I had the privilege of spending last Friday evening in the rollicking company of Australian megastar Dame Edna Everage, who exhorted me, and everyone else in her sold-out audience, to follow her three-step instruction for living: “Eat, pray, laugh."
I couldn’t agree more.
I shared the evening with two old friends, who happen to be funny funny people themselves. After spending two hours doubled over in laughter with tears streaming down our faces, our hilarity continued long after we left the theatre. We all realized that it had been far too long since we’d laughed that hard — and to me, at least, it was a wake-up call. Life is far too short to forget how to laugh.
Turns out laughter’s a lot like yawning—it’s contagious. Once you start, you can’t stop. You just have to remember how.
Clearly, I thought to myself, I need to reclaim laughter as part of my daily practice of joy.
For those of you who have not had the privilege of seeing the great Barry Humphries bring Dame Edna to life, the funniest part of his show involves audience participation — well, more accurately, audience humiliation. Dame Edna chooses unsuspecting people in the front rows to subject to her ribald wit by poking gentle fun at their clothing, their homes, their lifestyles.
It is brutal, but not mean spirited. Under the premise that she was seeking advice about home renovations for some of her properties, Dame Edna quizzed various audience members about their own homes. One poor woman made the mistake of revealing that the color scheme of her bedroom was beige. The look Dame Edna gave her was priceless. . .”Beige,” she nastily cooed. “I’d quite forgotten about beige.”
The reason the show works is that we’re both laughing at and laughing with Dame Edna’s “victims”, because we all know that we could just as easily be them. I certainly was imagining what she would have said about me. But her secret sauce that bring it all together is the fact that she also pokes fun at herself, at her character and at the whole conceit of the show. It’s inspired and funny funny funny.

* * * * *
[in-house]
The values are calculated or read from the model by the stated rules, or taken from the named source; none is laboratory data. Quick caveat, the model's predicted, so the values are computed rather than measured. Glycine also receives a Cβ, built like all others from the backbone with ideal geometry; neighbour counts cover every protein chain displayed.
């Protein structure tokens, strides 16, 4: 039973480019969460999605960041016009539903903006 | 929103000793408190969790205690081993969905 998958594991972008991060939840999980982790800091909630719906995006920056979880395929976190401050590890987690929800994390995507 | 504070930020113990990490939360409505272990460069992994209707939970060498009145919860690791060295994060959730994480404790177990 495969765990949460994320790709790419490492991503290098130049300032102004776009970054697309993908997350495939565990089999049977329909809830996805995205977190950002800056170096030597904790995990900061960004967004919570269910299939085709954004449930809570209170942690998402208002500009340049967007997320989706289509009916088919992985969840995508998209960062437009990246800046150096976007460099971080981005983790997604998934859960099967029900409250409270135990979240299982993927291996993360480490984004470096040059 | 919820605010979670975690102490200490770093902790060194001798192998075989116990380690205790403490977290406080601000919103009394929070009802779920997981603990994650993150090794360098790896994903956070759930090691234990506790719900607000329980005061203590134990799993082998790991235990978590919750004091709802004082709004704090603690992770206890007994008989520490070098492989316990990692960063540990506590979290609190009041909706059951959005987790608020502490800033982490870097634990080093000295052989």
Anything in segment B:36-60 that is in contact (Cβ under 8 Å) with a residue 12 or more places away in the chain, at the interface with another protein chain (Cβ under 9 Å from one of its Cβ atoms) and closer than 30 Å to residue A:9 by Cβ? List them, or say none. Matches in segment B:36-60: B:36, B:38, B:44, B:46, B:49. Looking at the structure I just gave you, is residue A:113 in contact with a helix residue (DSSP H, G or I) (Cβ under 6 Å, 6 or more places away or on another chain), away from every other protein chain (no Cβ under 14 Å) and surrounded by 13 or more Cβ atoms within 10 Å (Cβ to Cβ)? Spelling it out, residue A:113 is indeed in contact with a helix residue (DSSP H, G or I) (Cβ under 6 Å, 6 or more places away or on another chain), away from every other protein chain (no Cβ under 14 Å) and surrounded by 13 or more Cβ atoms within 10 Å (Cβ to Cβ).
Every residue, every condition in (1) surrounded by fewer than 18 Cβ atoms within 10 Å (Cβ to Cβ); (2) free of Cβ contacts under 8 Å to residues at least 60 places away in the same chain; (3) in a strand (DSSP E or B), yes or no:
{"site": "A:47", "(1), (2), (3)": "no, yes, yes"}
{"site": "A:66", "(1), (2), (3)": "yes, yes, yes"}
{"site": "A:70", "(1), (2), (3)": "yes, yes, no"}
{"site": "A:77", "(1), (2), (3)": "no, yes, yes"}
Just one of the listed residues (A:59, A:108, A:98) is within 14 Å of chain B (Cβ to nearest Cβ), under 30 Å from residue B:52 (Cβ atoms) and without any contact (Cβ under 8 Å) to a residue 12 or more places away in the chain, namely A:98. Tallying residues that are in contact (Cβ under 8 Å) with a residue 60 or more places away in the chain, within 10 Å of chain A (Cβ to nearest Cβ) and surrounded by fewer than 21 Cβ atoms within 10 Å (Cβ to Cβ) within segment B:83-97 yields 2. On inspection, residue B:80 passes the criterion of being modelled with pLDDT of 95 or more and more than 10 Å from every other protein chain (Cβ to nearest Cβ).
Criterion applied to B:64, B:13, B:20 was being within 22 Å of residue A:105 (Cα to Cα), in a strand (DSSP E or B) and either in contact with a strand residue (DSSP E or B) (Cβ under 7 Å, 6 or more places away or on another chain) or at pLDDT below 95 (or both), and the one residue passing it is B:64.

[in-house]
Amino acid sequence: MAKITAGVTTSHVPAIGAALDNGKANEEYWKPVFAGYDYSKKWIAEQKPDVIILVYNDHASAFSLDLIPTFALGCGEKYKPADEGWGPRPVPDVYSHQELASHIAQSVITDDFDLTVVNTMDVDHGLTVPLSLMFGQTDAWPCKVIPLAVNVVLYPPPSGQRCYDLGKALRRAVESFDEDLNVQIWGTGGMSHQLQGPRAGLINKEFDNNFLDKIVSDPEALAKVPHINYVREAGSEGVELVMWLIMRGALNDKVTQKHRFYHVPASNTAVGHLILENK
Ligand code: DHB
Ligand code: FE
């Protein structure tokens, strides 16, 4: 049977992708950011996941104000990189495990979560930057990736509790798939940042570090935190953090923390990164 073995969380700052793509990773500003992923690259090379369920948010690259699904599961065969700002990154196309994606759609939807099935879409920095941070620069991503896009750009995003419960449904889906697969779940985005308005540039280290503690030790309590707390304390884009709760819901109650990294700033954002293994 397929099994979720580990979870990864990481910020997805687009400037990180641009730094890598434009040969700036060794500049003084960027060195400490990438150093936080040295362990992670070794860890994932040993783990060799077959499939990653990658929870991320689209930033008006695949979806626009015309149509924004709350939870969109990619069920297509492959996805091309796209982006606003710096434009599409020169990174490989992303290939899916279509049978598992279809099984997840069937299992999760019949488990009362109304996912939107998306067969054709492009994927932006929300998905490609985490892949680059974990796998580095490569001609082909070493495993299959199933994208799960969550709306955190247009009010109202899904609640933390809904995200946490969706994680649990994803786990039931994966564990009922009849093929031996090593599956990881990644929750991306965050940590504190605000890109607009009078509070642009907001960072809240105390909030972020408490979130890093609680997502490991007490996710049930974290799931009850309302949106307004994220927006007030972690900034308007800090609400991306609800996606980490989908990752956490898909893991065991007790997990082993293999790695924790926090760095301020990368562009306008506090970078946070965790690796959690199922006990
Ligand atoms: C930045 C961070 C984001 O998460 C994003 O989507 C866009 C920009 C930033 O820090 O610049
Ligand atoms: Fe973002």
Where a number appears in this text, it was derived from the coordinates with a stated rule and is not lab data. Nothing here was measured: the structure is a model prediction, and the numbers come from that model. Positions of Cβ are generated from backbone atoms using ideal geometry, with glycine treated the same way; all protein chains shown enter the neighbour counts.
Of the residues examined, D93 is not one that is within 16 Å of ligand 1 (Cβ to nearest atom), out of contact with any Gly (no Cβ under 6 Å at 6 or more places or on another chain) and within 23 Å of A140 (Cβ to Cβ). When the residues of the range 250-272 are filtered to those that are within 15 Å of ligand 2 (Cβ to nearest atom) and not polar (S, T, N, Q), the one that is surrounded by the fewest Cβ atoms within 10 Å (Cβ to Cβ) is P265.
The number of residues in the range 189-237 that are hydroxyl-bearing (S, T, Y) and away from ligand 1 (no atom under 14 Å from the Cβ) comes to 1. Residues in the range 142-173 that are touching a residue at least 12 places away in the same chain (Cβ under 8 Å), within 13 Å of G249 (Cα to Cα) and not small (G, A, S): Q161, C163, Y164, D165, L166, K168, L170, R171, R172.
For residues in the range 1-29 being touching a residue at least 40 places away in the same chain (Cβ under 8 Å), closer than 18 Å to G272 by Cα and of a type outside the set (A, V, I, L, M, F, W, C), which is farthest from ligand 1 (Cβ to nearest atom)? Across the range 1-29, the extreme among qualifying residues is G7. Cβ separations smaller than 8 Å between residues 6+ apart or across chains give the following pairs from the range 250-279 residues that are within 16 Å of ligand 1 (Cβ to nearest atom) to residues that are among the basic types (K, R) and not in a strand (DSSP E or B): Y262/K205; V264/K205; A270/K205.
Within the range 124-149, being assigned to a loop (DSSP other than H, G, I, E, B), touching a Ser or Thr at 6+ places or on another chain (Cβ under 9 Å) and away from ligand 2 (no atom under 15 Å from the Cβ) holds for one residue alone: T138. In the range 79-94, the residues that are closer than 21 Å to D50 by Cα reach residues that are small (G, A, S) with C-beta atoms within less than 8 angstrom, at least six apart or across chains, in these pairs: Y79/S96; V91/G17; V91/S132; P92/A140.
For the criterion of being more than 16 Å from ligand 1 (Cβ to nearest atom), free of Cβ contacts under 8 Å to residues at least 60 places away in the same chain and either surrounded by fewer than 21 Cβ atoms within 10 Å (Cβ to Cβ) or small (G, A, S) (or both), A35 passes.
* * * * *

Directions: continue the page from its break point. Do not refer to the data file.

After the show, my friends and I had the privilege of spending some time with Barry Humphries — who was a dear friend of my father and stepmother. What a lovely man! I don’t think it’s a coincidence that he is still on stage at 81. Laughter, we will probably all come to realize, is the true fountain of youth!
This is one of my favorite pictures of me. It was taken a few years ago, after I had given a talk on design in California. I had just sat down with the sponsors of the talk for a photo shoot. When the photographer asked me if I wanted to take off my glasses, I demurred, remarking that I thought wearing glasses hid my wrinkles.
“They sure do!” remarked the man to my left (whom I’d only met a few hours earlier) without a moment's hesitation. His candor completely caught me off guard and I laughed out loud.
I love that the photographer captured that moment, because it will always remind me that the best antidote to my self-loathing is always laughter. The self-consciousness with which I often move through the world is completely disarmed by laughing at myself. Having friends who help me do that is essential.
In retrospect, I think I took for granted the privilege of growing up surrounded by famouly funny people. My dad always found the humor in every situation. He not only could make other people laugh, but he could always laugh at himself. But it is his sweetly funny stories that I remember and love even now.
Last week, while I was photographing the roses in Santa Barbara, I found myself grinning while recalling his story of an English actress named Dulcie Gray, who famously had a rose named after her. The planting instructions for Dulcie’s rose were as follows: Not very good in a bed. Much better up against a wall.
My mother had a dry wit, peppered with wry observations and witty turns of phrase. She had a keen eye but a gentle humor that rarely missed the mark — even when it was aimed at me. Once when trying on hats in front of her, she crumpled up in laughter, and couldn’t stop. I wanted to be irritated, but seeing her response made me laugh just as hard. When she was finally able to breathe, she managed to say, “Never ever wear a hat that’s too tall for you. It makes you look like you have two heads.” She was right.
My stepmother — the inimitable Coral Browne, once reputed to be the wittiest woman alive — was rather less gentle, relying heavily on scathing and often unkind (albeit usually true) observations of both friends and strangers.
During her lifetime, the British theatre eagerly anticipated each new Coral story — and everyone has their favorite.
My personal favorite captures Coral’s wit, but also her loyalty — which in my view (as the stepdaughter who too often received the brunt of her unkindness) was one of her better qualities. Whatever else she may have been, Coral was deeply deeply loyal to the people she loved.